Richard F. Wallman Age: 57
 
Mr. Wallman has been a director of Lear since November 2003. Mr. Wallman has more than 25 years of executive-level operations and financial oversight experience, most recently as Senior Vice President and Chief Financial Officer of Honeywell International, Inc. from 1999 to 2003 and of its predecessor, AlliedSignal, Inc., from 1995 to 1999. He has also held positions with International Business Machines Corporation, Chrysler Corporation and Ford Motor Company. In addition, Mr. Wallman serves as a director of Hayes-Lemmerz International, Inc., Ariba, Inc., Roper Industries, Inc. and Convergys Corporation.
 
Board Information
 
Corporate Governance
 
The Board has approved Corporate Governance Guidelines and a Code of Business Conduct and Ethics. All of our corporate governance documents, including the Corporate Governance Guidelines, the Code of Business Conduct and Ethics and committee charters, are available on our website at www.lear.com or in printed form upon request by contacting Lear Corporation at 21557 Telegraph Road, Southfield, Michigan 48033, Attention: Investor Relations. The Board regularly reviews corporate governance developments and modifies these documents as warranted. Any modifications will be reflected on our website.
 
Board Meetings
 
In 2008, our full Board held seven meetings and executed one written consent. In addition to our full Board meetings, our directors attend meetings of committees established by our Board. Each director participated in at


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least 75% of the total number of meetings of our Board and the committees on which he serves. Our directors are encouraged to attend all annual and special meetings of our stockholders. In 2008, our annual meeting of stockholders was held on May 8, 2008, and all of our directors attended.
 
Meetings of Non-Employee Directors
 
In accordance with our Corporate Governance Guidelines and the listing standards of the NYSE, our non-management directors meet regularly in executive sessions of the Board without management present. Our non-management directors have elected Larry W. McCurdy as the Presiding Director of such non-management sessions of our Board.
 
Communications to the Board
 
Stockholders and interested parties can contact the Board (including the Presiding Director and non-management directors) through written communication sent to Lear Corporation, 21557 Telegraph Road, Southfield, Michigan 48033, Attention: Terrence B. Larkin, Senior Vice President, General Counsel and Corporate Secretary. Our General Counsel reviews all written communications and forwards to the Board a summary and/or copies of any such correspondence that is directed to the Board or that, in the opinion of the General Counsel, deals with the functions of the Board or Board Committees or that he otherwise determines requires the Board’s or any Board Committee’s attention. Concerns relating to accounting, internal accounting controls or auditing matters are immediately brought to the attention of our internal audit department and handled in accordance with procedures established by the Audit Committee with respect to such matters. From time to time, the Board may change the process by which stockholders may communicate with the Board. Any such changes will be reflected in our Corporate Governance Guidelines, which are posted on our website at www.lear.com.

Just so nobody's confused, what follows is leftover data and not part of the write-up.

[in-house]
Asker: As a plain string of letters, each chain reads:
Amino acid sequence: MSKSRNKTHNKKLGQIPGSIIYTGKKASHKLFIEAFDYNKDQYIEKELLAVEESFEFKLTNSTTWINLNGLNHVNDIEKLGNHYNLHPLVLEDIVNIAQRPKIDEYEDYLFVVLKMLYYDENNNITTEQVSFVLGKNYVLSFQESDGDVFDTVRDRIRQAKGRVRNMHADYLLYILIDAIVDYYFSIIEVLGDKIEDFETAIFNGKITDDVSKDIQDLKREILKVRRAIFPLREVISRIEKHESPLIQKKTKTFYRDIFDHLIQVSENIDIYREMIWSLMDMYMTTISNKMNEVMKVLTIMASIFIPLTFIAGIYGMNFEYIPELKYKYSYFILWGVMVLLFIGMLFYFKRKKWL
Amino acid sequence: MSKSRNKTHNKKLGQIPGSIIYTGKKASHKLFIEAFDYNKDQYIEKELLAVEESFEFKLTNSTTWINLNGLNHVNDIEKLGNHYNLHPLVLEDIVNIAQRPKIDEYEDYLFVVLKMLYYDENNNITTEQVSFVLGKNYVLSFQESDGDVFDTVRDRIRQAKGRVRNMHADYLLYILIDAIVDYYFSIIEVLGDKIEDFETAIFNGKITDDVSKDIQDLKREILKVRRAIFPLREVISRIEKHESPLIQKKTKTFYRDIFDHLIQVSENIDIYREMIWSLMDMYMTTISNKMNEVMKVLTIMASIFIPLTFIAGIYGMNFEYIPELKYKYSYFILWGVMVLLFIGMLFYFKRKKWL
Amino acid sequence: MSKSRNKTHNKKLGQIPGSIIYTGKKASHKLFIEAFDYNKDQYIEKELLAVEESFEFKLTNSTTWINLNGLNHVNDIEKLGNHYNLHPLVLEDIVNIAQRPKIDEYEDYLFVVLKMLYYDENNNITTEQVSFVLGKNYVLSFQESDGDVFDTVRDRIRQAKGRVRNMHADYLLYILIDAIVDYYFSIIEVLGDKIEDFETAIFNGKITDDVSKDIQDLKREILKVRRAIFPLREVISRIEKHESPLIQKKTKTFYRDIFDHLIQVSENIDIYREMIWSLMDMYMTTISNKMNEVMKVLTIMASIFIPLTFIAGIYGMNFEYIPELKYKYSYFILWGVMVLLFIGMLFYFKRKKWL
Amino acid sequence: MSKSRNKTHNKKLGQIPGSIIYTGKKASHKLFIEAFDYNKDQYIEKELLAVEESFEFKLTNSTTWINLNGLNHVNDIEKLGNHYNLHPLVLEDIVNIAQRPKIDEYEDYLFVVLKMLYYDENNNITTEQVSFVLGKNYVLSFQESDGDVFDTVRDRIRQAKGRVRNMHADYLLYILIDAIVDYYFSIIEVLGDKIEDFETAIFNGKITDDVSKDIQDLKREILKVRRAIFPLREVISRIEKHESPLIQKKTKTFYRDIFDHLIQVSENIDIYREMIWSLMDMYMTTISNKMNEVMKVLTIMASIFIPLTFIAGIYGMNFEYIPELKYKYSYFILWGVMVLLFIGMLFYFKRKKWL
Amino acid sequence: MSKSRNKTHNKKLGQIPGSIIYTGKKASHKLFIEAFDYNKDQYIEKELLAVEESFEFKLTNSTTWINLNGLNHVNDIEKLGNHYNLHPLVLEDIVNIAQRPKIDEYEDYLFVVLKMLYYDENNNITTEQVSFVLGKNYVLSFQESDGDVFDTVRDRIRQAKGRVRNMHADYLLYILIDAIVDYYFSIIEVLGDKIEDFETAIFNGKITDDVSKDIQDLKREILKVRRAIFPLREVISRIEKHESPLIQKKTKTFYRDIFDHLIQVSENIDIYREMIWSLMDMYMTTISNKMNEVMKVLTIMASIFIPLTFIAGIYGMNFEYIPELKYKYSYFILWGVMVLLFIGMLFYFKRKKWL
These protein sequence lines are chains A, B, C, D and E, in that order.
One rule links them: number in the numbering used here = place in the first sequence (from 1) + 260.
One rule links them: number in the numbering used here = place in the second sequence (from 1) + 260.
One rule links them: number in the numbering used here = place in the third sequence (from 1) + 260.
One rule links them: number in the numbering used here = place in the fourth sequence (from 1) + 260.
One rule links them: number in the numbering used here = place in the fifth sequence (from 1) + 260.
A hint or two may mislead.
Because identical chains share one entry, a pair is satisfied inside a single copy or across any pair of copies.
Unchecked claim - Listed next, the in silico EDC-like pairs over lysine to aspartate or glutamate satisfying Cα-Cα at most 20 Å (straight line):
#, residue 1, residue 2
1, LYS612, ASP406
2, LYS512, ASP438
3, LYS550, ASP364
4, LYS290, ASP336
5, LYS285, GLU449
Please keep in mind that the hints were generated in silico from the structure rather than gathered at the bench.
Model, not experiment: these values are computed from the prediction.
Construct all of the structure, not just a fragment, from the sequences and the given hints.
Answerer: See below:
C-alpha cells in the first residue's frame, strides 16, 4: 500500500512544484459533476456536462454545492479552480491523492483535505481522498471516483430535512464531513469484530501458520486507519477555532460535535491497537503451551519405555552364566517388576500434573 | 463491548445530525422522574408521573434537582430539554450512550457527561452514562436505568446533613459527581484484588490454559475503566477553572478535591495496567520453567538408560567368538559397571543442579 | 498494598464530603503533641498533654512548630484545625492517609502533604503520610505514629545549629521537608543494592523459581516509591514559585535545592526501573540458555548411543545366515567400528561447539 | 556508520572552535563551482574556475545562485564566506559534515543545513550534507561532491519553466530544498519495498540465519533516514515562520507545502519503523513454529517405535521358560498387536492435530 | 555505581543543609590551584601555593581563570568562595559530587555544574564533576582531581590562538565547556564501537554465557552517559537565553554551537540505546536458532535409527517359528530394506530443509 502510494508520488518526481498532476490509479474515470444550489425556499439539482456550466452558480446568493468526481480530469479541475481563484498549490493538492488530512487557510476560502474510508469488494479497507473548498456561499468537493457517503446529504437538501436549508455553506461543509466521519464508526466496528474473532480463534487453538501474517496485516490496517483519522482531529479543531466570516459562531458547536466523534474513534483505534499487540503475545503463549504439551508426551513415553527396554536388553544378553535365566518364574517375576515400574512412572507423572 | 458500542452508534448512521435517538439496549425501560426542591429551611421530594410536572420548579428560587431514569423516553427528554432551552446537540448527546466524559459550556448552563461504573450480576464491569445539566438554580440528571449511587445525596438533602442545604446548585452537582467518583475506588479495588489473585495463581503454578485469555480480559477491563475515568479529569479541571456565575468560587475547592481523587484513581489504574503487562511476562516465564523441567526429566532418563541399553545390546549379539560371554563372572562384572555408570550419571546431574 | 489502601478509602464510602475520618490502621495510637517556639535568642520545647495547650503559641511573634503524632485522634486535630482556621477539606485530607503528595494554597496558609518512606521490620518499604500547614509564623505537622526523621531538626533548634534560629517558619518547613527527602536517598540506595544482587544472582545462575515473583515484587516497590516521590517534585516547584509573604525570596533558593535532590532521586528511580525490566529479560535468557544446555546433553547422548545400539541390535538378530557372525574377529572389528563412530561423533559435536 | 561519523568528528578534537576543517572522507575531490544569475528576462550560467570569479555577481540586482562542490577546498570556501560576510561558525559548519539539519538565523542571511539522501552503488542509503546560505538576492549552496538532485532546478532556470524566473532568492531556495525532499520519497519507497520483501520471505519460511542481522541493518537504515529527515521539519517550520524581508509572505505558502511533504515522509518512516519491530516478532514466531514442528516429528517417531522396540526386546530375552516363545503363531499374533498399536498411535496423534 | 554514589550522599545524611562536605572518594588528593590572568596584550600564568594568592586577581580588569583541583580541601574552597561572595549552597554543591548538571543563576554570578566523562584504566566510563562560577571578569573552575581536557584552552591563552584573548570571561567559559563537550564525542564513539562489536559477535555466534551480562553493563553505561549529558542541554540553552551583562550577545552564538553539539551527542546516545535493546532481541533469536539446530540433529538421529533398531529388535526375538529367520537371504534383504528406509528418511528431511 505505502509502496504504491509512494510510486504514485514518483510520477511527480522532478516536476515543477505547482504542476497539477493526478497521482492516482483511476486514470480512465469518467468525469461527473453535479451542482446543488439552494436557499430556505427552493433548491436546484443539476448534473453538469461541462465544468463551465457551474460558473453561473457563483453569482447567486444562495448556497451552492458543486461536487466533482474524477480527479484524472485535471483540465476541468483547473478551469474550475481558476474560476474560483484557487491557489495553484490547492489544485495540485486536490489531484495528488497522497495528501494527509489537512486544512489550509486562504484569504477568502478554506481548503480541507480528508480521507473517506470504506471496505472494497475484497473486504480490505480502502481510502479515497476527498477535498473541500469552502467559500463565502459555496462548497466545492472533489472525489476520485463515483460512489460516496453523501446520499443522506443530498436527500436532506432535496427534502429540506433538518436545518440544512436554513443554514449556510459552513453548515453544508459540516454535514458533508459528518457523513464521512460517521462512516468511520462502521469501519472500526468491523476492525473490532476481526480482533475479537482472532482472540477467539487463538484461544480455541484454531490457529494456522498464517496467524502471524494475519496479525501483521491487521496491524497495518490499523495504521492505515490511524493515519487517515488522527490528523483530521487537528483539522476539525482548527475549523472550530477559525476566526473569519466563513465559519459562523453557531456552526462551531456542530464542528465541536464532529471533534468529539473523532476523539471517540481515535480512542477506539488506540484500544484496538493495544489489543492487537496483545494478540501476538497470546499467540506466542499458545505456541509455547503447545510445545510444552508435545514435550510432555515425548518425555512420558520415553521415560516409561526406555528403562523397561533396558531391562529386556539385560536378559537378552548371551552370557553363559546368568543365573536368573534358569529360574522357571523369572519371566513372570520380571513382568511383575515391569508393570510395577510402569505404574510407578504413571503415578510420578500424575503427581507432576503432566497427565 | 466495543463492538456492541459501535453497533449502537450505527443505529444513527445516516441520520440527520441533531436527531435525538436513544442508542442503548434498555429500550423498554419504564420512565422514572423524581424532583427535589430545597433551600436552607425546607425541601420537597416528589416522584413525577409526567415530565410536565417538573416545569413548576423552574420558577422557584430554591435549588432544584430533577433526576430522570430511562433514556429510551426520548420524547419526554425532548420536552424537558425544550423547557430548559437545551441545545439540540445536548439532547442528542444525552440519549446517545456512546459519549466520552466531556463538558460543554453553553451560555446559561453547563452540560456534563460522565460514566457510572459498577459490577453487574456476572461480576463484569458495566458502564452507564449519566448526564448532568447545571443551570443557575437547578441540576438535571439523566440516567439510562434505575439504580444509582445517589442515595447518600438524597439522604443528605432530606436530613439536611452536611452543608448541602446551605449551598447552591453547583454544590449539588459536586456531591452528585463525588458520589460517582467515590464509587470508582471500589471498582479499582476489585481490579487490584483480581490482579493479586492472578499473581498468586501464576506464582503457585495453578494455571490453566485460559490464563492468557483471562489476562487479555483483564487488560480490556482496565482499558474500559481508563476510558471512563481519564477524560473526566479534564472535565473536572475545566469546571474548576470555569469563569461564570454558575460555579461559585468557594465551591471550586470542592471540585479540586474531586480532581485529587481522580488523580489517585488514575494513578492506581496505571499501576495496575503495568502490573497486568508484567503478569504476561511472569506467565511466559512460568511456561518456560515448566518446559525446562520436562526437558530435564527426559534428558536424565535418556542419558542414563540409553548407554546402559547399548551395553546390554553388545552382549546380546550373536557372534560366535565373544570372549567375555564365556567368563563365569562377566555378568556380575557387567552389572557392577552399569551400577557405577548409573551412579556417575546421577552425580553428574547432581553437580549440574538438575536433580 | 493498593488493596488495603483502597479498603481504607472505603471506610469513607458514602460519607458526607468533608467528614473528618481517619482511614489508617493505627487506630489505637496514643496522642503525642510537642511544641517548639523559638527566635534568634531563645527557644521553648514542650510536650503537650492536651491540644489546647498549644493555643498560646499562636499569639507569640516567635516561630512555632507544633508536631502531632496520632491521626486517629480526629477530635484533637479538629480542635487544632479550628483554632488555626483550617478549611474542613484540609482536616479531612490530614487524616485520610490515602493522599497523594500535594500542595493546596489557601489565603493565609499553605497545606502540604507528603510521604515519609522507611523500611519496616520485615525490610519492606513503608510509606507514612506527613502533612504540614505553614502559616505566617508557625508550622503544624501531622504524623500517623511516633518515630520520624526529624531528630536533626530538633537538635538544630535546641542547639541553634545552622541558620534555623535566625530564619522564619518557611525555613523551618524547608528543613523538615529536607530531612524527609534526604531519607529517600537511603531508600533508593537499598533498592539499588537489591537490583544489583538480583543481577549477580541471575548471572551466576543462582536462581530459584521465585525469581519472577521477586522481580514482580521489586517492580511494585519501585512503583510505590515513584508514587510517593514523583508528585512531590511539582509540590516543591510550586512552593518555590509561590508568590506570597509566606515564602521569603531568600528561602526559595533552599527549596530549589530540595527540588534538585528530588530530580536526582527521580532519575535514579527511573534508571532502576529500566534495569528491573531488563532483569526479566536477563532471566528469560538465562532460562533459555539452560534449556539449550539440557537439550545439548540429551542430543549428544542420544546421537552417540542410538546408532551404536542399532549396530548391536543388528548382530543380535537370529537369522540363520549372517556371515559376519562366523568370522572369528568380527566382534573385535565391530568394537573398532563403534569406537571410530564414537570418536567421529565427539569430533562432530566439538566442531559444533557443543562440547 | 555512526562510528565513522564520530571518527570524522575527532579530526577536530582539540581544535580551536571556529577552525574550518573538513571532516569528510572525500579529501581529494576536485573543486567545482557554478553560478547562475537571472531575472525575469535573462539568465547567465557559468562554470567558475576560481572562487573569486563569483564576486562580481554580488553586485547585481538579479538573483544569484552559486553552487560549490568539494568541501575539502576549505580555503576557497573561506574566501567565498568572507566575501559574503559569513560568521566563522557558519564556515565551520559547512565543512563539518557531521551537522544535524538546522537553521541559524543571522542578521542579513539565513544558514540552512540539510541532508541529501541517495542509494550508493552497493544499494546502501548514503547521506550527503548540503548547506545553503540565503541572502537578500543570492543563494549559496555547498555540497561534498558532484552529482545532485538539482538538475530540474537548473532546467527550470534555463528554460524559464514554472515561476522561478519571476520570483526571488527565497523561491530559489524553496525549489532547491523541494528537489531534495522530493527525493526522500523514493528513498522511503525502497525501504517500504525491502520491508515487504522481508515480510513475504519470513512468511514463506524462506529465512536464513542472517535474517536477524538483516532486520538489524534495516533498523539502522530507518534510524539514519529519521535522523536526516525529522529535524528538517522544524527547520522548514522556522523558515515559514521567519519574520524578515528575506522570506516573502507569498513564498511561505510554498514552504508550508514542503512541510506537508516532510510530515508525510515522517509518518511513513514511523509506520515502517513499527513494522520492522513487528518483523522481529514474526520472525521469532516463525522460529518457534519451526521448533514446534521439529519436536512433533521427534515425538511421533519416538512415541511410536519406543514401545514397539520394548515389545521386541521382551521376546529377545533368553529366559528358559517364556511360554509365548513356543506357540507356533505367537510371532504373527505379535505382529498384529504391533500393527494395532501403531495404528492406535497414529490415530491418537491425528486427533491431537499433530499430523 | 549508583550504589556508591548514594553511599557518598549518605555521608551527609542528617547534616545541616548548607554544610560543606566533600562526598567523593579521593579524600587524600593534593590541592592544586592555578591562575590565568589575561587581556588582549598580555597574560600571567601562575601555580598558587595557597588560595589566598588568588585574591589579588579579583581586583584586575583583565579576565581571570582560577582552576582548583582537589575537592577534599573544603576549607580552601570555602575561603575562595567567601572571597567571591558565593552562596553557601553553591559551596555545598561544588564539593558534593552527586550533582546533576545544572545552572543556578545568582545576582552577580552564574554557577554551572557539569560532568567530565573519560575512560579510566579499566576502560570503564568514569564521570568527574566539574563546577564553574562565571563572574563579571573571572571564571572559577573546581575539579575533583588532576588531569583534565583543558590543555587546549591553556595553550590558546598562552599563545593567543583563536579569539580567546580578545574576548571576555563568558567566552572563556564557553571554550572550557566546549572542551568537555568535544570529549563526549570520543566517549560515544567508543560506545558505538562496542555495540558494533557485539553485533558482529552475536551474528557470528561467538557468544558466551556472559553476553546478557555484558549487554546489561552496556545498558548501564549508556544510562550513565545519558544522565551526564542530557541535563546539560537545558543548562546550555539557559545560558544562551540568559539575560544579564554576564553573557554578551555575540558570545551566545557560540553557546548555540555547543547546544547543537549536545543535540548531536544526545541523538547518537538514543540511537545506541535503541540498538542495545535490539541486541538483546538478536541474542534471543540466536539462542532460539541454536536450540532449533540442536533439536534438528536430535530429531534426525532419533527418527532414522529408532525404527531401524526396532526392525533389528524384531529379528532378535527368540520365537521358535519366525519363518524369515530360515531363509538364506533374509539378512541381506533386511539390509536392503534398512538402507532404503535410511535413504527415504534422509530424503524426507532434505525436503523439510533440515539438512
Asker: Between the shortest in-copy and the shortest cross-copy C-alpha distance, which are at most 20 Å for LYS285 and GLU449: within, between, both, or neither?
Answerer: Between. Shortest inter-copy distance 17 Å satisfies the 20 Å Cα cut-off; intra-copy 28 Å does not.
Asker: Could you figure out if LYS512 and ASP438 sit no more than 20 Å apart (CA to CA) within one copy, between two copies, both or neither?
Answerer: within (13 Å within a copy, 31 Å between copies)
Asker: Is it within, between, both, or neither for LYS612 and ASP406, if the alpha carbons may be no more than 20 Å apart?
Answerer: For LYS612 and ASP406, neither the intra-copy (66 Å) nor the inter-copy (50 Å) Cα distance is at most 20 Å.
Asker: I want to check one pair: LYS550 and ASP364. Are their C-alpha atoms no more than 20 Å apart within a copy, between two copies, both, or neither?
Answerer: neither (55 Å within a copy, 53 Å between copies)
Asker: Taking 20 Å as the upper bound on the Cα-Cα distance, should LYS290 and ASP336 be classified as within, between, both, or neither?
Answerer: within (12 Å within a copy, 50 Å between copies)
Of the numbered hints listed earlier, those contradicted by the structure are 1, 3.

Communications of a confidential nature can be made directly to our non-management directors or the Chairman of the Audit Committee regarding any matter, including any accounting, internal accounting control or auditing matter, by submitting such concerns to the Audit Committee or the Presiding Director. Any submissions to the Audit Committee or the Presiding Director should be marked confidential and addressed to the Chairman of the Audit Committee or the Presiding Director, as the case may be, c/o Lear Corporation, P.O. Box 604, Southfield, Michigan 48037. In addition, confidential communications may be submitted in accordance with other procedures set forth from time to time in our Corporate Governance Guidelines, which are posted on our website at www.lear.com. Any submission should contain, to the extent possible, a full and complete description of the matter, the parties involved, the date of the occurrence or, if the matter is ongoing, the date the matter was initiated and any other information that the reporting party believes would assist the Audit Committee or the Presiding Director in the investigation of such matter.